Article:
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  5. "You like chocolate."

"You like chocolate."

Translation:Is maith leat seacláid.

January 29, 2015



Spanish: Chocolate :) English: Chocolate :) French: Chocolat :) Japanese: チョコレート(chokorēto) :) Catalan: Xocolata :) Irish: Seacláid c: The other langs: What the heck, Irish. Irish: It's alright, guys, it's pronounced ''Shawclayed''. c; English: ...Fair enough.


In every languege I know/am learning, chocolate sound similar to, well, chocolate. How am I ever going to remember seaclaid? Oh well, I learnt English, I'll learn Irish.


The sound of seacláid isn’t too far removed from that of “chocolate” — remember that Irish orthography doesn’t have the same pronunciation conventions that English orthography does.


I know, but it's hard to learn the spelling. :/


It's quite logical to me


What's the difference between 'maith' and 'mhaith'?


When do you use "liom" and when do you use "leat" to mean like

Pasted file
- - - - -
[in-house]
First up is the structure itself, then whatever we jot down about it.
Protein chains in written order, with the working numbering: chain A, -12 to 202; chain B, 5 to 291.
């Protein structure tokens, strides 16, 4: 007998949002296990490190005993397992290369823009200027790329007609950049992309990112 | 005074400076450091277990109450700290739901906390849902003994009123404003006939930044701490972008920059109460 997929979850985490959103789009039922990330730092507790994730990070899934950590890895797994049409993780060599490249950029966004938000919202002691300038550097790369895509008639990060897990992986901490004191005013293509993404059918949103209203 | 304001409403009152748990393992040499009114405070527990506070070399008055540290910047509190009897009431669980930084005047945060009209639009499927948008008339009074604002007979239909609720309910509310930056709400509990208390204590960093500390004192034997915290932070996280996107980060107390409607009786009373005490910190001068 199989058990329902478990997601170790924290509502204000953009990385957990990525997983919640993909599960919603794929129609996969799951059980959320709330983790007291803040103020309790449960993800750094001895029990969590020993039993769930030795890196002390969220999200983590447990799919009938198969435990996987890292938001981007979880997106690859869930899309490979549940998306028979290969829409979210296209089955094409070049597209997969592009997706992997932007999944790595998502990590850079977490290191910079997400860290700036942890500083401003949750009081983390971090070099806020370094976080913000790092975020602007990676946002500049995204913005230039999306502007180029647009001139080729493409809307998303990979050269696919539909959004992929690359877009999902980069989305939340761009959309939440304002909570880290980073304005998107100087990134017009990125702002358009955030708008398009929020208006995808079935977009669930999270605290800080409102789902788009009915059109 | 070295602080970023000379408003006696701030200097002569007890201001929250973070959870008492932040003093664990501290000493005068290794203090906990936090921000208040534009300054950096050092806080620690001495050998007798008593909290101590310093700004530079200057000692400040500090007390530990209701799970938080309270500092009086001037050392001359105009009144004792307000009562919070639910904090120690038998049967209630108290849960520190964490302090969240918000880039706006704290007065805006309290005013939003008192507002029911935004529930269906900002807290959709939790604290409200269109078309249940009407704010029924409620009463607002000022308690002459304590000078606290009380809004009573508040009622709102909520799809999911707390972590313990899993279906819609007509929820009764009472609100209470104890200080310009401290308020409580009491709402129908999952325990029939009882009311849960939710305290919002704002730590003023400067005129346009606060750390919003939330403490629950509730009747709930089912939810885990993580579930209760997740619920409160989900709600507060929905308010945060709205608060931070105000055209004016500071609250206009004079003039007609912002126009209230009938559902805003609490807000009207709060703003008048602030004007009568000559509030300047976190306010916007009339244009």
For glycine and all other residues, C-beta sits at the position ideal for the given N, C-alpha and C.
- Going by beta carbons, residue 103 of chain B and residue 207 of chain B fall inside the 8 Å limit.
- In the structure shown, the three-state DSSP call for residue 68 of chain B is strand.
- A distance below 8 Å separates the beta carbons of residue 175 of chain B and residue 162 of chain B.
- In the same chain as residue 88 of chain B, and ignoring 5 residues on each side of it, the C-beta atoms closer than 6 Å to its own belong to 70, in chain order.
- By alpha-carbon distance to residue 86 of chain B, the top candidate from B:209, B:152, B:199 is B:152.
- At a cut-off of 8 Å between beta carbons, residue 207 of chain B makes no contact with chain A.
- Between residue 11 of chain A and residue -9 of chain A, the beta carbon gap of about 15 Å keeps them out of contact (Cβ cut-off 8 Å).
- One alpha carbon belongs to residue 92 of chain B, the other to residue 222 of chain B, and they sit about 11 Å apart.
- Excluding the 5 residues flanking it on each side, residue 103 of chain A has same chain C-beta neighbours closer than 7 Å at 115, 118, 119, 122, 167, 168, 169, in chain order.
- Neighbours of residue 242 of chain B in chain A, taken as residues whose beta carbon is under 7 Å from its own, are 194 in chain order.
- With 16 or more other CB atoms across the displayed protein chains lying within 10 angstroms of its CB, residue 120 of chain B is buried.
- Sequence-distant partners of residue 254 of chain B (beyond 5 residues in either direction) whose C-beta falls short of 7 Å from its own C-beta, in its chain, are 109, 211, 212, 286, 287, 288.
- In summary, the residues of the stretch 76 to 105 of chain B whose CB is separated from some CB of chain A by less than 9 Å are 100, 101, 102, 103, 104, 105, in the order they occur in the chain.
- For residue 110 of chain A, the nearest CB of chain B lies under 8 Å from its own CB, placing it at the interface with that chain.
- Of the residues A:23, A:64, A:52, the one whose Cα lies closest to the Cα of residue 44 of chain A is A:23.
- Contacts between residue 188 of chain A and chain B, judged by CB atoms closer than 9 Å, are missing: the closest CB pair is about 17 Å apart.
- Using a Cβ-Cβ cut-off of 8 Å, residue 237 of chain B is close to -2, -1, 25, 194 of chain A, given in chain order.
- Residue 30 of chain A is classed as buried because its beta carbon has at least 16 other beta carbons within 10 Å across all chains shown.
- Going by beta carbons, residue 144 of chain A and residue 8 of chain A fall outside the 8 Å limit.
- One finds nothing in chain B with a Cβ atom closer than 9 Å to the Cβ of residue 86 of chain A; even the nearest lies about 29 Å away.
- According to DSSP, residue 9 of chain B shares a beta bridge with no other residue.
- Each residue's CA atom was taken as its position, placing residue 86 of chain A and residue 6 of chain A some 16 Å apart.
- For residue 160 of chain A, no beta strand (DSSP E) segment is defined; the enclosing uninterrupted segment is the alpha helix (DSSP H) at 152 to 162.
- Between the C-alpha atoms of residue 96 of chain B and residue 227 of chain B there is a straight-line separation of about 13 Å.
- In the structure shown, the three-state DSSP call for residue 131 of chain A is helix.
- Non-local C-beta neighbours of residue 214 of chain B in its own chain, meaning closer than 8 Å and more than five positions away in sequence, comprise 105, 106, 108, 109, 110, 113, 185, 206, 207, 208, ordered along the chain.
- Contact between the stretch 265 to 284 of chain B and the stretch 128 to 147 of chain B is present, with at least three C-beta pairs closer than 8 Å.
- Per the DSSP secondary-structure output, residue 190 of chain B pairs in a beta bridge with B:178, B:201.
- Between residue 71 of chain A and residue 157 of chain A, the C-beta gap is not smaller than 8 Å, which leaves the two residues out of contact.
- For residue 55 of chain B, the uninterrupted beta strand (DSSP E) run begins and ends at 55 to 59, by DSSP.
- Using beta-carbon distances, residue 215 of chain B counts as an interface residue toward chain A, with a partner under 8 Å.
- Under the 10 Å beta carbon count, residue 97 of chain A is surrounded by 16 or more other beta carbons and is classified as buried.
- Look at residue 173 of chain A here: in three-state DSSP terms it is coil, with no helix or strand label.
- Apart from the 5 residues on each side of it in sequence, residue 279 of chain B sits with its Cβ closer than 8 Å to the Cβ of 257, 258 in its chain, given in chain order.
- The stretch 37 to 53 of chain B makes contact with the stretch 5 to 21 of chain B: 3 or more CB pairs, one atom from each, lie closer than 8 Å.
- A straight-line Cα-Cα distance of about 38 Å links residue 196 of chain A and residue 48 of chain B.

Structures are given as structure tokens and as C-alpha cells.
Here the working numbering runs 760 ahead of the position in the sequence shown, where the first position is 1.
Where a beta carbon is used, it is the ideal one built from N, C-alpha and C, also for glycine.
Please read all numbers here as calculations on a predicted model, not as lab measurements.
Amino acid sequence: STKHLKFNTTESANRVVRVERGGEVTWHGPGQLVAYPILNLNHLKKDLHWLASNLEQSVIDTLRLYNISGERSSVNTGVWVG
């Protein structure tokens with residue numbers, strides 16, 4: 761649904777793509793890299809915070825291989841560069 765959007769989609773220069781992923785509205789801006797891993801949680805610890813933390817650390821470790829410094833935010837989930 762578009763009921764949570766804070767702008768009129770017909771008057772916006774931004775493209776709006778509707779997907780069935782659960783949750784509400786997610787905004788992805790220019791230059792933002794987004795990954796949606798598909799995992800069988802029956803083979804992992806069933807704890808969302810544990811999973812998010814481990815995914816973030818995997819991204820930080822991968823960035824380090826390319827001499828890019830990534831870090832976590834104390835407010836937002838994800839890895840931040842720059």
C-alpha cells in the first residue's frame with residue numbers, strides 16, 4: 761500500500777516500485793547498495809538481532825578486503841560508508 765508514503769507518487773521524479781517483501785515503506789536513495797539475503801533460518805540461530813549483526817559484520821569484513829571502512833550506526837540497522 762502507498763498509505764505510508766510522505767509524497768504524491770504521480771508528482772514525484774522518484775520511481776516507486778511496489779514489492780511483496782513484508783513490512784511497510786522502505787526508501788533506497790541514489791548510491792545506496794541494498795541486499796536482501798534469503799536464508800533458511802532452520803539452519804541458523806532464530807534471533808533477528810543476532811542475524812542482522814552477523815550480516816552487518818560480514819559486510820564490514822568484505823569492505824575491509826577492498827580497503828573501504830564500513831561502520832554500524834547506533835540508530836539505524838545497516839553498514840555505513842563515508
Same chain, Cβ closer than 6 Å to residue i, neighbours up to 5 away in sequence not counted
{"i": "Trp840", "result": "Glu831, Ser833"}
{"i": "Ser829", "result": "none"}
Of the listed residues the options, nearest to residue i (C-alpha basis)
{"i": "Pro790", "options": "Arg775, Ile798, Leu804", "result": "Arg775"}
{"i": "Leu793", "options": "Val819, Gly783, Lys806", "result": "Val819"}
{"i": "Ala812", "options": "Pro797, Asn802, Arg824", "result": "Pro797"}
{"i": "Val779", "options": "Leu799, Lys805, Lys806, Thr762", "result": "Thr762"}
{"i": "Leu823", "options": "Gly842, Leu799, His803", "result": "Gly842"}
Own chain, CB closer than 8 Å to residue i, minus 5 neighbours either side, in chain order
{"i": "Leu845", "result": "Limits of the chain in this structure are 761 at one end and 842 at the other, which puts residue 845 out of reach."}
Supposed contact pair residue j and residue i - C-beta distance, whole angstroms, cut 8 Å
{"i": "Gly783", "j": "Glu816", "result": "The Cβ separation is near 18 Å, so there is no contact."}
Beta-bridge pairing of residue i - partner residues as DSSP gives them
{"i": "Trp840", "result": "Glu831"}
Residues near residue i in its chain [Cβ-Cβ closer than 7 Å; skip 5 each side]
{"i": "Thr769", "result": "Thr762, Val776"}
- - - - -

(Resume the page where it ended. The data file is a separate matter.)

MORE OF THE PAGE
Neither liom or leat mean "like".

liom and leat are "prepositional pronouns", a combination of the preposition le and a pronoun. The pronoun says who is doing the liking (or hating or what every other judgement is being expressed in this type of statement).

Is maith liom úlla - "I like apples"
Ní maith leat úlla - "You don't like apples"
Is fuath leis úlla - "He hates apples"
An maith léi úlla? - "Does she like apples?"
Is breá linn úlla - "We really like apples"
Is aoibhinn libh úlla - "Y'all love apples"
Is cuma leo - "They don't care"

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